COLOGNE, Germany (DLR PR) — NASA’s InSight mission landed on Mars in November 2018. The German Aerospace Center (Deutsches Zentrum für Luft- und Raumfahrt; DLR) is involved in the Heat Flow and Physical Properties Package (HP3) experiment. In addition to a radiometer for measuring the surface temperature, the core component of the experiment is the Mars ‘Mole’ – a 40-centimetre-long penetrometer designed to measure the heat flow from the Martian interior at a depth of several metres.
In February 2019, the Mole began hammering. It got stuck at first, but with the help of InSight’s robotic arm it was able to penetrate almost completely into the Martian surface in October 2019. Without the additional support from the arm’s scoop, it then began a sudden retreat which has led to almost half of the Mole protruding from the Martian regolith.
BERLIN (DLR PR) — In his logbook, Instrument Lead Tilman Spohn who is back in Berlin since April and communicating with JPL via the web, gives us the latest updates regarding the InSight mission and our HP3 instrument – the ‘Mole’ – which will hammer into the Martian surface.
Logbook entry 28 October 2019
More surprises on Mars! Unfortunately, we saw that the Mole had backed-out of the Martian soil instead of going deeper as we had expected. How could that happen? After all, this Mole does not have a reverse gear as the Mole that DLR built for the ill-fated European Beagle II lander had. (That probe was designed as a sampling device that would go down and then come up again with a sample.)
PASADENA, Calif. (NASA PR) — After making progress over the past several weeks digging into the surface of Mars, InSight’s mole has backed about halfway out of its hole this past weekend. Preliminary assessments point to unusual soil conditions on the Red Planet. The international mission team is developing the next steps to get it buried again.
A scoop on the end of the arm has been used in recent weeks to “pin” the mole against the wall of its hole, providing friction it needs to dig. The next step is determining how safe it is to move InSight’s robotic arm away from the mole to better assess the situation. The team continues to look at the data and will formulate a plan in the next few days.
Meantime, the lander’s seismometer — the Seismic Experiment for Interior Structure, or, SEIS — continues to collect data on marsquakes in order to provide a better understanding of the Mars interior and why Earth and the Red Planet are so different today after sharing similarities billions of years ago. The French space agency, Centre National d’Études Spatiales (CNES) and its partners provided the SEIS instrument to NASA.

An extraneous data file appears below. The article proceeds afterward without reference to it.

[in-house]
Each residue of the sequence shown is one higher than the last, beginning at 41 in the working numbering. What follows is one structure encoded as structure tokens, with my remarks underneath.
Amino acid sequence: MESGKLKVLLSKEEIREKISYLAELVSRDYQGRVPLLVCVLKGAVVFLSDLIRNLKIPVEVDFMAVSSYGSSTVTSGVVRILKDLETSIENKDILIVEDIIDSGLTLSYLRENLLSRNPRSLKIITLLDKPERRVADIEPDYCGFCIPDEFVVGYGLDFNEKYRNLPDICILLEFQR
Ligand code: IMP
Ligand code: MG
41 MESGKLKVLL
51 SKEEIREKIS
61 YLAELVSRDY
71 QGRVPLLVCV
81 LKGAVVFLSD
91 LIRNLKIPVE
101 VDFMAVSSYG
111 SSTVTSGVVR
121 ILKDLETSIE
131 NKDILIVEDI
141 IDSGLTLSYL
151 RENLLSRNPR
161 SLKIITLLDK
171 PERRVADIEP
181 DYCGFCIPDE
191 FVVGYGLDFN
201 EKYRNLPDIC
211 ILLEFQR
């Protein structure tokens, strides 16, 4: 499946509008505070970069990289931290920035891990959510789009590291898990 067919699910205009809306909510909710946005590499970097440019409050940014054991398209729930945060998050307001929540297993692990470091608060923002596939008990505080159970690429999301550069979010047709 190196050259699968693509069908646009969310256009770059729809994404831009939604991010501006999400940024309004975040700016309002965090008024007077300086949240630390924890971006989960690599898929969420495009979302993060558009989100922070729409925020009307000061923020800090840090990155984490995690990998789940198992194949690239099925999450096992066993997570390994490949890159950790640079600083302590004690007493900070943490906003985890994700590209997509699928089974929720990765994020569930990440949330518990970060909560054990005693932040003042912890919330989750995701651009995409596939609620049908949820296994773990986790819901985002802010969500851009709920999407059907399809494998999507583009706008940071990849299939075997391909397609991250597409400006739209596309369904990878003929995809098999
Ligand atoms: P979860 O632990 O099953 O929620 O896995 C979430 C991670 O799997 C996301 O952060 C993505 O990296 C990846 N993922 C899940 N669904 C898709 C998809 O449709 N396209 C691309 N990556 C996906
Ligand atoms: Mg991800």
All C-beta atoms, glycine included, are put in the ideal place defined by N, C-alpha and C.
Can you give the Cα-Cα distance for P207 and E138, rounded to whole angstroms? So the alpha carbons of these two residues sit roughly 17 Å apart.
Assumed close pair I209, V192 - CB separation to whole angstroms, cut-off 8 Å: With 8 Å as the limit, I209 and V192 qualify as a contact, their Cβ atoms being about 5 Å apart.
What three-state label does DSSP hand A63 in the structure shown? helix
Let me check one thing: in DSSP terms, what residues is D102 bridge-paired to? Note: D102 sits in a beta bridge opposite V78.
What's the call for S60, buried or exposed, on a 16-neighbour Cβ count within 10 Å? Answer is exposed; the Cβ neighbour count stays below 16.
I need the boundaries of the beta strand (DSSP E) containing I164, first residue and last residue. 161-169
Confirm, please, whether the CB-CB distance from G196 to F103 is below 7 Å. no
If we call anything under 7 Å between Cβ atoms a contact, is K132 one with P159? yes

WASHINGTON (DLR PR) — A new test stand for the next generation of sounding rockets, microlaunchers and reusable launchers will be constructed at the Swedish Esrange Space Center.
The German Aerospace Center (Deutsches Zentrum für Luft- und Raumfahrt; DLR) and the Swedish Space Corporation (SSC) signed a Memorandum of Understanding to develop this test stand at the International Astronautical Congress (IAC) on 22 October 2019.
Further topics of the cooperation will be the exchange of expertise and intensified collaboration in the field of engine and launcher stage testing. Among other things, the collaboration will increase the availability of engine test stands and thus make these available to more space companies.
“In SSC, we have found the right partner for the joint planning and implementation of a test stand for hybrid and liquid-fuel engines at Esrange Space Center (ESC),” says Stefan Schlechtriem, Director of the DLR Institute of Space Propulsion. “DLR Lampoldshausen is contributing its unique expertise as a European testing and development location for all liquid chemical space engines to the development of the next generation of engines,” emphasises Schlechtriem, adding: “This collaboration will enable us to bring together the expertise of our institutions.”
With the intensified cooperation between SSC and DLR, the two partners will provide the infrastructure in Europe for the entire range of engine tests, including tests at an early stage of development, thus increasing the portfolio of testing opportunities in Europe.